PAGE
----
Although some people love to pair sparkling wines with fried food, I prefer to avoid the distraction of effervescence. The 2018 Kettmeir Pinot Bianco, a cool, still white from South Tyrol proved an ideal pairing.

Perched above the Kalterersee-Lago di Caldaro, the Kettmeir estate traces more than a century of wine tradition. It works with 60 or so growers on 55 hectares in and around Caldaro. Pinot Bianco (a.k.a. Weissburgunder) counts among their specialties and it shows in this delicate, zesty bottling. 

Fermented and aged on the lees in stainless steel tank, this 100% Pinot Bianco offers notes of white blossom, lemon zest, Bartlett pear, and a hint of thyme on the nose. It’s round with mouthwatering acidity and a touch of minerality. It makes both a wonderful aperitif and a dazzling pairing with the tonkatsu. When the wine meets the sauce, prepare for fireworks. As expert and critic David Schildknecht has written, “With dishes whose creaminess or fat content calls for cutting and palate-cleansing but at the same time renders Riesling or Sauvignon awkwardly sharp, Pinot Blanc is the answer.” I couldn’t agree more.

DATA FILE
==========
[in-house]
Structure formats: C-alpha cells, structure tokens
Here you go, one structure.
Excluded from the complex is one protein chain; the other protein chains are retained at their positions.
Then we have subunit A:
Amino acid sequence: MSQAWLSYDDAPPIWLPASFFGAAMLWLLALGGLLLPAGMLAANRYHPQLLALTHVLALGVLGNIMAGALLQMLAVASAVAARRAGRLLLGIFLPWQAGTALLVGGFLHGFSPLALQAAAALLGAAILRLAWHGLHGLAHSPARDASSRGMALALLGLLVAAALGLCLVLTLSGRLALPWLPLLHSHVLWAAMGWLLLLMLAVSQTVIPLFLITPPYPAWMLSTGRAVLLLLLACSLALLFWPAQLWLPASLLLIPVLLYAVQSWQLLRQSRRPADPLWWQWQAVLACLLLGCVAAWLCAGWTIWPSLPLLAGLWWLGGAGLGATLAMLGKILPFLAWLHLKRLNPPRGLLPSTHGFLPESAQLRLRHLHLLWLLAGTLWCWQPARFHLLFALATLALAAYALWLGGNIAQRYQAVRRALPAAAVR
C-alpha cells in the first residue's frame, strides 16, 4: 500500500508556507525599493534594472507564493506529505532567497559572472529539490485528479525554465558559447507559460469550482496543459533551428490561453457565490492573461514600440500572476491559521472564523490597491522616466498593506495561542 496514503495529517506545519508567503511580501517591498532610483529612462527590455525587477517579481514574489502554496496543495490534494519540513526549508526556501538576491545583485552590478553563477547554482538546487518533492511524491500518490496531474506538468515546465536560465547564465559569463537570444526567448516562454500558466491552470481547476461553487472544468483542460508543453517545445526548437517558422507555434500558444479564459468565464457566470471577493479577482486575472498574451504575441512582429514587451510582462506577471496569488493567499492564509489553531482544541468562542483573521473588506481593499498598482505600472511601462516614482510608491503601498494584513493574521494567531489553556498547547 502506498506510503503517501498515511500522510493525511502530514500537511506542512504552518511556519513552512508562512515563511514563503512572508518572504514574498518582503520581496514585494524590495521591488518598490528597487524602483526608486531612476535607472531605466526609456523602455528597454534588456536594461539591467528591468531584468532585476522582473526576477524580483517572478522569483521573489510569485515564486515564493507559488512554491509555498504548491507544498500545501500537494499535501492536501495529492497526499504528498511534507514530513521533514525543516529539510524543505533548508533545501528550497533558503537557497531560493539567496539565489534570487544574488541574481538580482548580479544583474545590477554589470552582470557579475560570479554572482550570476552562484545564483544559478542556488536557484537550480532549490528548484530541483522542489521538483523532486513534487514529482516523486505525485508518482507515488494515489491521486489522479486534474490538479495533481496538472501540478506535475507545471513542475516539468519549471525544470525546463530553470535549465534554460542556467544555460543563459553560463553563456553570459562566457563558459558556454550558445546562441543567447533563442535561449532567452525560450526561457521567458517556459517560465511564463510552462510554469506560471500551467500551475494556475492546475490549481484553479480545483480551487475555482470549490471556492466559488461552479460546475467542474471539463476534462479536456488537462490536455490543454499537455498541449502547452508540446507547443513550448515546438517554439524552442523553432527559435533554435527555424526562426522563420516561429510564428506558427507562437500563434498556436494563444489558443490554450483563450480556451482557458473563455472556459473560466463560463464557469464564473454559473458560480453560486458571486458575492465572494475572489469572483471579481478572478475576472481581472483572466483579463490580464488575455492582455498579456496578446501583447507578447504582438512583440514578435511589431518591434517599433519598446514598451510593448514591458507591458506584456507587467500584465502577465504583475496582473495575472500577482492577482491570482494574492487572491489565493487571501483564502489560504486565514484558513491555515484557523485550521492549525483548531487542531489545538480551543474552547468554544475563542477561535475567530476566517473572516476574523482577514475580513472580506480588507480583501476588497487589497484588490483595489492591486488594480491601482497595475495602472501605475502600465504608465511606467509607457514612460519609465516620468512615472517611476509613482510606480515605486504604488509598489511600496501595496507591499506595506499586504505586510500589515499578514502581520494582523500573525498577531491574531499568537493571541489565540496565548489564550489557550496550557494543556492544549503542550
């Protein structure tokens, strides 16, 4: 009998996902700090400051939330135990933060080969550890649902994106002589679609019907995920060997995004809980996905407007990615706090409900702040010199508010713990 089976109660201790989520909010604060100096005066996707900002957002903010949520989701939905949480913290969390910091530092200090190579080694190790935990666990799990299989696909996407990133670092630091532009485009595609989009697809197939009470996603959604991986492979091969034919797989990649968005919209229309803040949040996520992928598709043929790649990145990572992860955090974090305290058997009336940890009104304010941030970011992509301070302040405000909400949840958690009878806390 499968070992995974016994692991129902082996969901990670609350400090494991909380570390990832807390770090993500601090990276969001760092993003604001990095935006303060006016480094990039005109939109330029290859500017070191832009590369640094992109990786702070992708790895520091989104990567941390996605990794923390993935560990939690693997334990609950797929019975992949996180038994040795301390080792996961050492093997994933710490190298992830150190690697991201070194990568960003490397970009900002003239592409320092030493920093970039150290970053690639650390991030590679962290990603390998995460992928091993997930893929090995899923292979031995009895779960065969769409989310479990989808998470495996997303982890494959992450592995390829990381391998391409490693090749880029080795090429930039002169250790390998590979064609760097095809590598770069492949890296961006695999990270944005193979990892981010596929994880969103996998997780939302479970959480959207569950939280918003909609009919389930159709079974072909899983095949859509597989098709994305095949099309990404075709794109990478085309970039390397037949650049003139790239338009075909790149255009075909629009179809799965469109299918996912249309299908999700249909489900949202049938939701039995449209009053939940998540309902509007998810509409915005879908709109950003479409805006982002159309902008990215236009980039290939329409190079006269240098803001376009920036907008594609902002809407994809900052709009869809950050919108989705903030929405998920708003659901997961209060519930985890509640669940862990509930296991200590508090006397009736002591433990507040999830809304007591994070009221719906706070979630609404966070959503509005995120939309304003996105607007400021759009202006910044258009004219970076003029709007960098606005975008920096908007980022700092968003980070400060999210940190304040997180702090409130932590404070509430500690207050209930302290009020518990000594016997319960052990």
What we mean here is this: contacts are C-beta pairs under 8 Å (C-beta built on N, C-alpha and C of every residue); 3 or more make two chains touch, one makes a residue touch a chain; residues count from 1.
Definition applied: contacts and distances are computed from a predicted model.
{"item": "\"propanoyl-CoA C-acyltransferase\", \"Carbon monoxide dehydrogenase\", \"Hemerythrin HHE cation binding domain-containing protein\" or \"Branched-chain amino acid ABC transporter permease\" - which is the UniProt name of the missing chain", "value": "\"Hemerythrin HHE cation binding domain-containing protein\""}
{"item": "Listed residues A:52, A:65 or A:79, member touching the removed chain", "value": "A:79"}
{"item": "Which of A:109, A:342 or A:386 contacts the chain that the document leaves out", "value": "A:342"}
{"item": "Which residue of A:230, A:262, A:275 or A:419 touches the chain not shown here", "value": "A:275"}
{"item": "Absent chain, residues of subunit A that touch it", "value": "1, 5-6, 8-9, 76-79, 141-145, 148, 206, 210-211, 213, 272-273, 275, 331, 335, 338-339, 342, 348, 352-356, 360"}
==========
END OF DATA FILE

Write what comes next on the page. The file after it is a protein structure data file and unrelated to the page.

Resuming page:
The beauty of what this variety gives in the cool, high terroirs of South Tyrol, is — despite its naturally lower acidity levels — freshness. The Kettmeir Pinot Bianco cuts through the greasiness of the tonkatsu, balances the saltiness of the sauce, and brings out the inherent sweetness of the pork. While a Riesling Kabinett would ordinarily be my go-to, after landing on this sensational pairing, there’s no going back. 

Tonkatsu Recipe

Ingredients for 4 servings:

  • 4 boneless pork cutlets
  • Kosher salt, to taste
  • Freshly ground black pepper, to taste
  • 1/2 cup all-purpose flour
  • 2 large eggs, beaten
  • 1 cup panko breadcrumbs
  • 1 cup canola oil, for frying
  • 2 tbsp canola oil, for stir-frying
  • 3 cups green cabbage, chopped into big pieces
  • 1 cup julienned carrots